He has been followed closely since playing on the youth national team that participated in the Asia Cup held in Jakarta, Indonesia, 2 years ago. He adjusted slowly to the wood bat initially but has made significant strides over the past year. He has decent all-around tools and probably was the best player on the 2008 IBAF Taiwanese junior national team. He has the potential to hit for average and gap power. He has good bat control. His bat speed is just average but should get faster with strength training. His arm is close to average as he does have decent arm strength since he was the ace of his junior high school team when he was 15 years old. He has soft hands and the potential to have average range. His best future position is probably at second base because he does not have the power and arm strength to play 3rd base, which is the position he frequently plays in high school. He might have a shot at shortstop but does not have the natural fielding prowess that one might like to see. He does not run fast because he had knee surgery back in junior high school and most likely his running speed will continue to suffer as he puts on more weight in the future. He has a good work ethic but tends to over think at times while up at the plate. Overall, he is a poor man's version of Seattle Mariners 2B Yung-Chi Chen. He does not have the defensive ability of Los Angeles Dodgers SS Ching-Lung Hu nor the hitting/power potential of Boston Red Sox 2B Chih-Hsien Chiang.


5) Cheng-Hao Wang RHP5'10'' 194
T: R B: R
DOB: September 25, 1989
Taichung Gao-Nong High School, Taichung City--famous graduates--RHP Wang-Yi Lin (Boston Red Sox $58,000), OF Wang-Wei Lin (Minnesota Twins $95,000)

He is a year older than all the players in the senior class because he started elementary school a year late - but he is the hardest throwing high school pitcher in the class of '09 as of now--he tops out at 92 MPH. He uses a quick arm to generate average velocity as his fastball sits in the 87-92 MPH range. His delivery is just okay but he does have a strong lower body. He complements his fastball with a slider and split-finger fastball, both are below average offerings at this time with the slider having a better chance of becoming an average pitch. He had lacked pitchability previously with poor command and control but he has improved on these aspects quite a bit over the past year. He has the potential to have above average velocity but there has been some question about his learning ability. He had some family issues in terms of guardianship but his high school head coach Lee was kind enough to take the responsibility and become his guardian. His signing bonus expectation is in the $200-300,000 range.

10 comments:

BK said...

Cool website. Where did the $200,000 to $300,000 number come from for the pitcher named Cheng-Hao Wang? That's kind of a crazy number for a relatively unknown right handed pitcher. That's top 10 rounds in the US, easily. I think you're going overboard on that one.

TTT said...

That's a ballpark figure for what the kid is rumored to have been asking for....it's very common for some kids in Taiwan to have an inflated sense of their self-worth.

TTT said...

BK,
If you continue to have doubts, you should contact Coach Lee - Wang's coach and guardian.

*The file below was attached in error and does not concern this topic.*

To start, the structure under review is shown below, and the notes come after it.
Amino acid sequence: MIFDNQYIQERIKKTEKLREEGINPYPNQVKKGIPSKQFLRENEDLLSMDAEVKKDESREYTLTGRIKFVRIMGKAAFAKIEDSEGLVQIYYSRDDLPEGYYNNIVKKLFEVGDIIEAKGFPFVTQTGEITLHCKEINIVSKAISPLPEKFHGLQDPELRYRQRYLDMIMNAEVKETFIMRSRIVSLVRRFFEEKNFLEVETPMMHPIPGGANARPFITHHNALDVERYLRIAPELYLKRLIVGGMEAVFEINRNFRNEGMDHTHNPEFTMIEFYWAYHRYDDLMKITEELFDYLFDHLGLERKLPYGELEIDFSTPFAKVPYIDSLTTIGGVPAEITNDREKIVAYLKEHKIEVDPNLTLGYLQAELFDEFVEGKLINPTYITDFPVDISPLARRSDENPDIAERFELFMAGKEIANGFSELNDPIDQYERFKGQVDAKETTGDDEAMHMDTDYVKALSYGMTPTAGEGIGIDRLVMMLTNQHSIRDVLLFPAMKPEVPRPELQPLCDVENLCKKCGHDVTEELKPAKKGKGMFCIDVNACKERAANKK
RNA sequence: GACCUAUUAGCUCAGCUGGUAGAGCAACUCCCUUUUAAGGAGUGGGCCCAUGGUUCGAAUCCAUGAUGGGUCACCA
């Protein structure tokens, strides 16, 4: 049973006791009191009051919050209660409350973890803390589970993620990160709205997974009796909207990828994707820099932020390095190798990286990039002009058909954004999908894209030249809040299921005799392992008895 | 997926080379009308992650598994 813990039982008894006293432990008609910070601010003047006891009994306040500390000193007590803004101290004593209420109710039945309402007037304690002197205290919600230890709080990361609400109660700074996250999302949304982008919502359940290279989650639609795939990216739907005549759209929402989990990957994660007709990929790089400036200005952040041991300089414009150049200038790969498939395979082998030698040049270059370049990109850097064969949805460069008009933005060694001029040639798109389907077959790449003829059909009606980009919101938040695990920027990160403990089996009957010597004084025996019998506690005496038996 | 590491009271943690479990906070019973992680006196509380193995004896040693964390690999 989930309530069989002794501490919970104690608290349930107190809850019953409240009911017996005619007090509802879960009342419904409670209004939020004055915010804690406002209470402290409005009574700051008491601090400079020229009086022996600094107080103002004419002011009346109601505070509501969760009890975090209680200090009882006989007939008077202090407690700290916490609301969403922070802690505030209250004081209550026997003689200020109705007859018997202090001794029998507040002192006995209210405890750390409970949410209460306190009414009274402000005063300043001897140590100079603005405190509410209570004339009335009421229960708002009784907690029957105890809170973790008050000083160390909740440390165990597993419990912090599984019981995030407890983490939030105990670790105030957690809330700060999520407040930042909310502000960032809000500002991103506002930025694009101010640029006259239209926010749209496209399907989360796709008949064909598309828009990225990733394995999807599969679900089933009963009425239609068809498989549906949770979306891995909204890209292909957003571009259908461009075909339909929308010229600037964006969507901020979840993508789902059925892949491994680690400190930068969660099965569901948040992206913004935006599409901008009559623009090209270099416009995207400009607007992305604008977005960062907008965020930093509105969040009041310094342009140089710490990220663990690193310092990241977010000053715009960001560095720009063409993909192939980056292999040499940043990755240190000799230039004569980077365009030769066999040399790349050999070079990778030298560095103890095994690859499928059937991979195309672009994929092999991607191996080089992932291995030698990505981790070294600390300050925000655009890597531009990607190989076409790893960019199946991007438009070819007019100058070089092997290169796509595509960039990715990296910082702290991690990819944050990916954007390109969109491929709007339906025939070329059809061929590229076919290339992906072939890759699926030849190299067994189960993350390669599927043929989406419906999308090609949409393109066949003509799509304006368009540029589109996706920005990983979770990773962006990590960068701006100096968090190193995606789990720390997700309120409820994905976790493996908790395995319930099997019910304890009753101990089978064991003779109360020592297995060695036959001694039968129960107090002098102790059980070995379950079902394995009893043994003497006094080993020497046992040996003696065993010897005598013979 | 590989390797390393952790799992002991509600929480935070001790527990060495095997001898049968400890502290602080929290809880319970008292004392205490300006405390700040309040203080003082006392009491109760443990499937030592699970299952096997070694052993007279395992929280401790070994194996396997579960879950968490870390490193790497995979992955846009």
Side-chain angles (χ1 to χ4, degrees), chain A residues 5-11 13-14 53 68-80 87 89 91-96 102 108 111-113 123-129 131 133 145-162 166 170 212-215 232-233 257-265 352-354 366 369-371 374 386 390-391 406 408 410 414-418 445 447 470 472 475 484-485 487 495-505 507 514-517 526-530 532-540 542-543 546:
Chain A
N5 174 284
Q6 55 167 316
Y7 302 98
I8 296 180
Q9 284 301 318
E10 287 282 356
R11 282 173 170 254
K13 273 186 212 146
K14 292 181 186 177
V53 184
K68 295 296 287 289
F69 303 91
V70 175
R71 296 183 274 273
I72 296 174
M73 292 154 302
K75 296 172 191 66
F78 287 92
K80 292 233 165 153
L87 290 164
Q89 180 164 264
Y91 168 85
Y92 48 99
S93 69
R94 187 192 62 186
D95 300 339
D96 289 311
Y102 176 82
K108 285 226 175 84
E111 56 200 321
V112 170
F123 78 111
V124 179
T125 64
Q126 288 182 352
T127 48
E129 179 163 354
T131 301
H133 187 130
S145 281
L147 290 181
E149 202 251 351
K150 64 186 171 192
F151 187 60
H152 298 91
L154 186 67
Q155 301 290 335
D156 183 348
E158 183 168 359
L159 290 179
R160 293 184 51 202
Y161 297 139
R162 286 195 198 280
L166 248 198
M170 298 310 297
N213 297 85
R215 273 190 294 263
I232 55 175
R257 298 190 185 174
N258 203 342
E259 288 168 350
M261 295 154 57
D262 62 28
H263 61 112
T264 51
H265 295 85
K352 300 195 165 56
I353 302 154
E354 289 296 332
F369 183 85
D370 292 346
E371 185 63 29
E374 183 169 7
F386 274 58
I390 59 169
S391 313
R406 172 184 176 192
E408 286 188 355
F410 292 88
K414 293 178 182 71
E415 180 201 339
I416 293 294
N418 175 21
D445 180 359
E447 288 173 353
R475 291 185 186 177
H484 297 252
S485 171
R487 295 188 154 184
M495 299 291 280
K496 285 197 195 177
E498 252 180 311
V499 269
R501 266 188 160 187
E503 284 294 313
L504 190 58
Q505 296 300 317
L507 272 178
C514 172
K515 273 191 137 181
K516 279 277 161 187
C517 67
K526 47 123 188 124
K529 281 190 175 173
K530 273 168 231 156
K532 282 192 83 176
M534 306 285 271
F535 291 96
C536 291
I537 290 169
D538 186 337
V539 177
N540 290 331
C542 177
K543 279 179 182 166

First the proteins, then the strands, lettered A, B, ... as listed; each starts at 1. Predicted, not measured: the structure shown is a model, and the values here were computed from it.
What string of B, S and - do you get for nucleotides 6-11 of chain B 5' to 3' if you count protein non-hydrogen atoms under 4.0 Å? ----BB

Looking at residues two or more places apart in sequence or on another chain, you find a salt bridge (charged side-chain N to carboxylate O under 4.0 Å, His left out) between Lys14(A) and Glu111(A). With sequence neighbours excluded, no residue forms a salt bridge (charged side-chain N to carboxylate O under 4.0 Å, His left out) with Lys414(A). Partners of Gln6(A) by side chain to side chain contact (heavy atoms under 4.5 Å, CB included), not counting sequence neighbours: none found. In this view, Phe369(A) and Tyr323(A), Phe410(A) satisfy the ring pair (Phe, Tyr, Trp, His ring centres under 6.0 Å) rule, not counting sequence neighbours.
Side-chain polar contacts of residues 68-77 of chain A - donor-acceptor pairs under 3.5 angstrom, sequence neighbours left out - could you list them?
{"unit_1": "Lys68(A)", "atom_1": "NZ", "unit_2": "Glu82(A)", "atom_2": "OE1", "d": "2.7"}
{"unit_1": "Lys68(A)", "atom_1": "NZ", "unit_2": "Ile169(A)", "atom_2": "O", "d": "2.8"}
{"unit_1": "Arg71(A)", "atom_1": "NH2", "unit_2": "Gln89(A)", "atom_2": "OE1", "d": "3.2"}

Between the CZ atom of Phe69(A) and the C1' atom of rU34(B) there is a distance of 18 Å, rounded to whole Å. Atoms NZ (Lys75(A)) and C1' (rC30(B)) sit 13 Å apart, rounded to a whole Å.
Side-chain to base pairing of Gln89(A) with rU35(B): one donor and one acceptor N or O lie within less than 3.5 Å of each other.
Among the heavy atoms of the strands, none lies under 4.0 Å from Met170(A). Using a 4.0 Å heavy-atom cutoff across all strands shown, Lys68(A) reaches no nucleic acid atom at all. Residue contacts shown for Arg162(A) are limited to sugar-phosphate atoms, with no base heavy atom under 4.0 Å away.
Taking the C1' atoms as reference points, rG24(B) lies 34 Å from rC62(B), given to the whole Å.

BK said...

Contact his coach? What am I, a newspaper reporter? Lol. I thought you were assuming that he will get that amount of money. I didn't realize that you meant that is the amount he is asking for. My fault.

It's understandable that anyone would want that much money. I'm just saying that $200,000 to $300,000 for a pitcher like that seems crazy. I'm no baseball expert, but I know that there are a lot of pitchers in the United States that fit the profile that you wrote about him on you blog, and who don't get that kind of offer. Where I'm from (Atlanta, Georgia) there are a lot of high school and college players like that.

glen said...

TTT you seem to have some good knowledge of taiwan baseball, it says you are located in Ca, would like to chat with you more about taiwan baseball

TTT said...

Email me.....under the links section

glen said...

i tried that but no info comes up on the links section when i click it...

TTT said...

My email addy is:
thetaiwaneseterror at yahoo dot com - at and dot have been spelled out to avoid spambots.

Meng-Tse Wu said...

Very cool site. I followed the link to your blog from LoHud Yankees. It seems that you don't have a high expectation for Fu-Lin Kuo's future. Then why did Yankees sign him? What did they see in him?

TTT said...

One can only speculate what the Yankees see in Kuo.

But it should be obvious from his signing bonus amount (listed as ~$150 K), that there wasn't a bidding war for his services.

Scouting isn't an exact science, but obviously the Yankees saw something they liked in his bat.

Also, keep in mind that the Yankees' local scout - Ken Su has a good relationship with Kuo's agency - Octagon. Octagon is the one who recommended Ken Su to the Yankees.

Don't forget that the Yankees also spent $1 million USD on those 2 baseball players from China - where are they now and do you think they ever had a chance to make it to the ML level? Combine that with the fact that CMW is no longer with the Yanks and one might speculate that the Yankees are trying to keep their brand name in the forefront of those countries.

With all that said, hopefully Kuo proves all of his detractors wrong and has one helluva pro career.